Yes, yes I did start my article off with a quote from the legendary Ricky Bobby but hey, why reinvent the wheel when he nailed it in just a few words?
Here’s the thing -- when it comes to digital marketing and social media, it’s important to give the people what they’re looking for and to make it easy for them to get. So, what’s the latest and greatest that some of the tech giants are playing around with?
Well, it’s the idea that viewers are using a second screen to engage with others who share the same television show interest as they have.
Facebook is the latest to make a move in this department -- but why?
The code he discovered describes Messenger allowing you to “tap to watch together now” and “chat about the same videos at the same time” with chat thread members receiving a notification that a co-viewing is starting. “Everyone in this chat can control the video and see who’s watching,” the code explains.
In other words, everyone can watch and talk about the same video as if they were in the same room together.
Which, I have to say, would be pretty cool.
Noted by Hootsuite -- worldwide, 1.47 billion people log into Facebook daily. Meanwhile, 74% of American Facebook users visit daily, with just over half of those checking in multiple times per day.
With this level of platform usage combined the popularity of video AND the research showing how users want to talk with each other about video, it only makes sense that Facebook is going to find the right aways to make updates and adapt to what’s going on in the industry.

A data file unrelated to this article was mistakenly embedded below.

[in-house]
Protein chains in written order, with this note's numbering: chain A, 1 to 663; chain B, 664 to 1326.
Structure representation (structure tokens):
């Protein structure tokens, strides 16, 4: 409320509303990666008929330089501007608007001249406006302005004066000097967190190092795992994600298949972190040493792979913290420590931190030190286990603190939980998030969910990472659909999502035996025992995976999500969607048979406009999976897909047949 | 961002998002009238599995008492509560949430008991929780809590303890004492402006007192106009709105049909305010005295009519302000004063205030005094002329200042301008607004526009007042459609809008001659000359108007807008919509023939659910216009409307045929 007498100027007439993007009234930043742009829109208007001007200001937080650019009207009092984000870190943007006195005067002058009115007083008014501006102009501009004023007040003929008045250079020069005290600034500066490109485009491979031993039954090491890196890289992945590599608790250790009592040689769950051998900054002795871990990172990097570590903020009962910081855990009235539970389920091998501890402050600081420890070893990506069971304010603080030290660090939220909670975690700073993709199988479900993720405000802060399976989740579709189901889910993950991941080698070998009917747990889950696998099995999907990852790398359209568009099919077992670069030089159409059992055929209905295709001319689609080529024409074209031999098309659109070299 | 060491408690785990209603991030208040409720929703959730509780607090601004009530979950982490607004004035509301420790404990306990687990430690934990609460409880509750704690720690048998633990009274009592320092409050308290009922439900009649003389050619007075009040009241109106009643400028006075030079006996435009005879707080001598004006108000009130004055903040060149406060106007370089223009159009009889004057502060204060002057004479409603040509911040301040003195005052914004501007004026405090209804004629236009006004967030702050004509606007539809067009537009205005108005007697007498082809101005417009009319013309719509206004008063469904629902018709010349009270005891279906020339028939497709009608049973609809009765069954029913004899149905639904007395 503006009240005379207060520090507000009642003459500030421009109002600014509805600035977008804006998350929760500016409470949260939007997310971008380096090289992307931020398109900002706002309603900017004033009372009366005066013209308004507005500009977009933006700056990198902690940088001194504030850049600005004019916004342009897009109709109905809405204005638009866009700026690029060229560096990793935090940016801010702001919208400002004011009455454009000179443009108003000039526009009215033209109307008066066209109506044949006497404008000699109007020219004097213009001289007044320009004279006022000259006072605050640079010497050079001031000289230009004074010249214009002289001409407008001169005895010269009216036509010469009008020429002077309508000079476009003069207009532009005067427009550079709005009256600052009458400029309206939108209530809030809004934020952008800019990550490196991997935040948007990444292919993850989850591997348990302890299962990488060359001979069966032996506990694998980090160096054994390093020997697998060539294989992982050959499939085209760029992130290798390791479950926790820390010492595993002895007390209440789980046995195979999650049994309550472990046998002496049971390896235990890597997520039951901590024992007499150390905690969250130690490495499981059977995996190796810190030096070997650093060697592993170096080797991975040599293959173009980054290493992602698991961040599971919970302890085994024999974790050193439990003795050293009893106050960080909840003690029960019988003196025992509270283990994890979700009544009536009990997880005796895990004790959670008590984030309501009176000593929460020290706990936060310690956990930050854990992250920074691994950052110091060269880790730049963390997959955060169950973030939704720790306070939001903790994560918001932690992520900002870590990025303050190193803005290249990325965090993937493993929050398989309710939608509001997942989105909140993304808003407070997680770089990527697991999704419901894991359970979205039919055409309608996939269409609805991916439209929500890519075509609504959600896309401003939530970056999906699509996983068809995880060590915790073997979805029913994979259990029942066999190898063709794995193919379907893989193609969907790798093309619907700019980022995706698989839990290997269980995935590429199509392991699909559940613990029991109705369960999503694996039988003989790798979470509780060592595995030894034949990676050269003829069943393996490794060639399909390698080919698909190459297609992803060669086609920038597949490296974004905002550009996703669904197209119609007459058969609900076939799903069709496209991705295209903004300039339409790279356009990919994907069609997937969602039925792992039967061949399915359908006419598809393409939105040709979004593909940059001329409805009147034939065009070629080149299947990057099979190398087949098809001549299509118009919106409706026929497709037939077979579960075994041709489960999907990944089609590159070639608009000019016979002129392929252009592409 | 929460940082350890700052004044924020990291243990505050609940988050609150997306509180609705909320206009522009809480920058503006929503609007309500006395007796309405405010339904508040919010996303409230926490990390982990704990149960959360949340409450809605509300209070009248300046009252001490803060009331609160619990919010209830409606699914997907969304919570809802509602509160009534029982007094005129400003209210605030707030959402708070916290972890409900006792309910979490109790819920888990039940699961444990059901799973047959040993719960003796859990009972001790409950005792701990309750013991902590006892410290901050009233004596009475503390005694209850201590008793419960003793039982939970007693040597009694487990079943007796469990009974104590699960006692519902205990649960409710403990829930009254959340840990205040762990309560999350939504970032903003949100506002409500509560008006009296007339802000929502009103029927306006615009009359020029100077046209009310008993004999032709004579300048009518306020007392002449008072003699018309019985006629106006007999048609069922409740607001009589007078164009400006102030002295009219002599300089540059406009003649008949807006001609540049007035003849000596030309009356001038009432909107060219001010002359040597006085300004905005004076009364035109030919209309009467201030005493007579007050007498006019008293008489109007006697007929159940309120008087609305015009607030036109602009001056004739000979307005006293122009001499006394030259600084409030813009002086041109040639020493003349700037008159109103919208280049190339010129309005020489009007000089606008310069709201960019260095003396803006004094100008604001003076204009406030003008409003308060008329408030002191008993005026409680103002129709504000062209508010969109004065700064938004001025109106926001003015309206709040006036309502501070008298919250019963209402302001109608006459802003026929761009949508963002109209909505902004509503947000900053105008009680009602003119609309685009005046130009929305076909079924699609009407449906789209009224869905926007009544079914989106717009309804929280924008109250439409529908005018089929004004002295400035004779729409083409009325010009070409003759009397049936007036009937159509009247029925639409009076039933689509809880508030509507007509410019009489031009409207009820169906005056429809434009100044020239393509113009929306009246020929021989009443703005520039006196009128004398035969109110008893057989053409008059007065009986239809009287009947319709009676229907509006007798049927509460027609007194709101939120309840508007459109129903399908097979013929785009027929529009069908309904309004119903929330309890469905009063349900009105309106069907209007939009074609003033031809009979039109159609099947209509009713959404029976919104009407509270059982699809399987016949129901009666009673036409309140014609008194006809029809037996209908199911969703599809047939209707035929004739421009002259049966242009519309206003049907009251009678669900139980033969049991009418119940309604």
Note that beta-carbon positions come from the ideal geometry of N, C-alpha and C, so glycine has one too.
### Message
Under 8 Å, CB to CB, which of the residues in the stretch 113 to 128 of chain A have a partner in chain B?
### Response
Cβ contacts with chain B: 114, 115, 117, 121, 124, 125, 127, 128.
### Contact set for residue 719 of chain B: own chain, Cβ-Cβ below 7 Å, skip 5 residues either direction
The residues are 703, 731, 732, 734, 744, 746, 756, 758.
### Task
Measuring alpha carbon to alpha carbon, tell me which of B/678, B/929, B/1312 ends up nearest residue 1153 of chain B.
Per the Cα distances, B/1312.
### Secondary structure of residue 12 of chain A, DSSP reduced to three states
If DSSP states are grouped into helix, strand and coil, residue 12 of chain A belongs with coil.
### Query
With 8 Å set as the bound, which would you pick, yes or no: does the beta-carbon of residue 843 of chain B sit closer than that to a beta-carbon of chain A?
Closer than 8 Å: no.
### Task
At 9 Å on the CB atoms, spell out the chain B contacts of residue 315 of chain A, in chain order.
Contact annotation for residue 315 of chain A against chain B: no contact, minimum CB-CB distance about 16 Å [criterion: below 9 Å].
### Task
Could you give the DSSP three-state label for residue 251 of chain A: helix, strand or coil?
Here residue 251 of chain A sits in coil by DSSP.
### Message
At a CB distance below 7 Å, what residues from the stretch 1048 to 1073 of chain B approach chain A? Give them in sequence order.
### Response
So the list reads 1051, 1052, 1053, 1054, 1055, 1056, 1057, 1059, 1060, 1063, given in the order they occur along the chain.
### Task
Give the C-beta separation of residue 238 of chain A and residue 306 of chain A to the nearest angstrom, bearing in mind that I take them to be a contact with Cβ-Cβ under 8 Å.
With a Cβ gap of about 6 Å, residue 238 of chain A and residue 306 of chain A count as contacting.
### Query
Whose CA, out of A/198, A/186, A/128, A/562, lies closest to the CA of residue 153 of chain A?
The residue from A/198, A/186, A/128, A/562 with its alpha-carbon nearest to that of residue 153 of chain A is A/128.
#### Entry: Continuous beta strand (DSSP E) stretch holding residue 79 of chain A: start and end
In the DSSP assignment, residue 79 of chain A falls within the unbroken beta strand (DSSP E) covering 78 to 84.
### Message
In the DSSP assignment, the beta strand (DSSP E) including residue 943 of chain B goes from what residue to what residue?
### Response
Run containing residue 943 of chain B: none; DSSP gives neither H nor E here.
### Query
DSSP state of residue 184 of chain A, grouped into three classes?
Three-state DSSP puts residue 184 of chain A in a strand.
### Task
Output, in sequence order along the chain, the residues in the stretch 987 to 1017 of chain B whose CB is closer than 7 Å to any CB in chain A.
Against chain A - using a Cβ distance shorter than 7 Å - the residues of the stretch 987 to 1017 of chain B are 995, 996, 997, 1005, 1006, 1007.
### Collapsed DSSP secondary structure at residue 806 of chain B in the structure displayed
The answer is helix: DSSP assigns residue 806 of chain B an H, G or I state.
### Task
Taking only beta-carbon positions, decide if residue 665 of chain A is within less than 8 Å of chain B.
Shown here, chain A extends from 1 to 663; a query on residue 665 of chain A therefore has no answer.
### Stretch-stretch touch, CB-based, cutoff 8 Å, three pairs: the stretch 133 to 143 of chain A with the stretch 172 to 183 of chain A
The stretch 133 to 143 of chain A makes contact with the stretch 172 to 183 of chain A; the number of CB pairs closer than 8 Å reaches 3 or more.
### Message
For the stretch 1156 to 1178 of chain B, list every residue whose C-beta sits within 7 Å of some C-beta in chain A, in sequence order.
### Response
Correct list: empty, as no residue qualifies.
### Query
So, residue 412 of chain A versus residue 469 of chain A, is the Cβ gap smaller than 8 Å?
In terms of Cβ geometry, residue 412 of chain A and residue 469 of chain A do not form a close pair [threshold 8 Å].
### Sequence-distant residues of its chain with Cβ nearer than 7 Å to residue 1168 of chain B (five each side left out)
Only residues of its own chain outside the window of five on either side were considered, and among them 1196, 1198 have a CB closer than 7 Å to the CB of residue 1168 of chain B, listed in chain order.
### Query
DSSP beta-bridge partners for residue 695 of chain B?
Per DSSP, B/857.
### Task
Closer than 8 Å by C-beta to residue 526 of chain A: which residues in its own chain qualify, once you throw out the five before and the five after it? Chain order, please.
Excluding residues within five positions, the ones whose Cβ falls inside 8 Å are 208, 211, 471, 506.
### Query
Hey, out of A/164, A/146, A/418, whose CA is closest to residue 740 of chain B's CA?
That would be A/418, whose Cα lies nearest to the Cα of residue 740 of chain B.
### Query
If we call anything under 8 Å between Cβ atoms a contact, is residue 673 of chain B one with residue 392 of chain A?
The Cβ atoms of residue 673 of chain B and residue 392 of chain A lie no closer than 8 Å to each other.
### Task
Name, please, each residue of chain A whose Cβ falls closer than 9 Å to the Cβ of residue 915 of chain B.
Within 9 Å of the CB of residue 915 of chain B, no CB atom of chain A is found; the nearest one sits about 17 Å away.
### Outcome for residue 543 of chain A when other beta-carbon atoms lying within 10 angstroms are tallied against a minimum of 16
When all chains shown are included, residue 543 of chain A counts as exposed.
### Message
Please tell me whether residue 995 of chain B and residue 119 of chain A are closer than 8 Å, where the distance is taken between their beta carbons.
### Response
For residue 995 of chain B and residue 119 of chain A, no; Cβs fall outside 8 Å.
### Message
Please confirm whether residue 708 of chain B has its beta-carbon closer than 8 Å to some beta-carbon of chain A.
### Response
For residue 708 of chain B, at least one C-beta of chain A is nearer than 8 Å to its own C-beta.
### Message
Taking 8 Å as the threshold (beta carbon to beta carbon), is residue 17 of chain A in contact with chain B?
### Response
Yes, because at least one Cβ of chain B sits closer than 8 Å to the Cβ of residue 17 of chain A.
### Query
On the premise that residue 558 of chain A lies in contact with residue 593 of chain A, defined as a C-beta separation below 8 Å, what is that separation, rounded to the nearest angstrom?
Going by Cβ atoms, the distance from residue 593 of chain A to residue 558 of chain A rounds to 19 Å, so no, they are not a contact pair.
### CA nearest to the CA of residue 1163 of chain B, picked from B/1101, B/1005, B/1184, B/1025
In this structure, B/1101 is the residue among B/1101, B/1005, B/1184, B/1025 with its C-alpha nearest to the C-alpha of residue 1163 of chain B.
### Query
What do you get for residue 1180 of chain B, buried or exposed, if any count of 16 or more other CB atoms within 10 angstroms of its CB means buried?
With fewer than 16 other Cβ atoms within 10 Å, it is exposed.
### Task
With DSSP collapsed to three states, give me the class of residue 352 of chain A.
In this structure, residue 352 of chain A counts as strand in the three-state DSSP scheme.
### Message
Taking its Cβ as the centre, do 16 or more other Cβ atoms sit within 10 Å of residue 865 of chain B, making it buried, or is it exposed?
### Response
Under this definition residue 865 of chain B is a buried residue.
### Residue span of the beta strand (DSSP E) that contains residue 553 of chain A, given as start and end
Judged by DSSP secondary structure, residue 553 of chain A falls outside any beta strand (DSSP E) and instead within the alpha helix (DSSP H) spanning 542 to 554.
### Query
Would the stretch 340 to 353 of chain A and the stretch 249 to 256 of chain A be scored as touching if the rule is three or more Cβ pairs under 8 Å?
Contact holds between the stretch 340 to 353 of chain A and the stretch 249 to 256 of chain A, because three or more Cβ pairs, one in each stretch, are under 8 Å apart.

It’s too early to tell if this feature will do a complete rollout to Facebook users but I’ll be interested to see if I’ll be watching season 5 of Better Call Saul on Facebook next year.
What Does This Mean for Marketers?
Well, it’s too early in the testing process to say for sure how this feature will roll out and how users, marketers specifically, may be able to use it.
However, I’ve got some pretty cool ideas if Facebook is listening ;)
By allowing users to watch the same video and comment on it through Messenger, there may be an interesting opportunity for brands to own and/or chime in on the conversation.
Take Better Call Saul, for example, and imagine the social campaign they could launch around communal video -- if a Facebook user wins a contest, they can invite 5 of their friends into a messenger ‘Episode Premiere’ where one or two of the main characters join and answer questions or just schmooze.
Or, perhaps brands could explore the idea of using Facebook Messenger as focus groups on video content. It would be a lot less time, effort, and resources to invite those who have agreed to a specific link rather than coordinating travel plans, making sure everyone is available for the entire duration of the group, and so on.
Regardless of how the feature rolls out, I guarantee that brands will have the ability to use it to their advantage because they won’t need users to ‘buy into’ the idea, as they’re already using social media for this purpose.
This is just one more way for the tech giants to provide value to those who are actively using their platforms -- now, we’ll just have to wait and see what they do with it.
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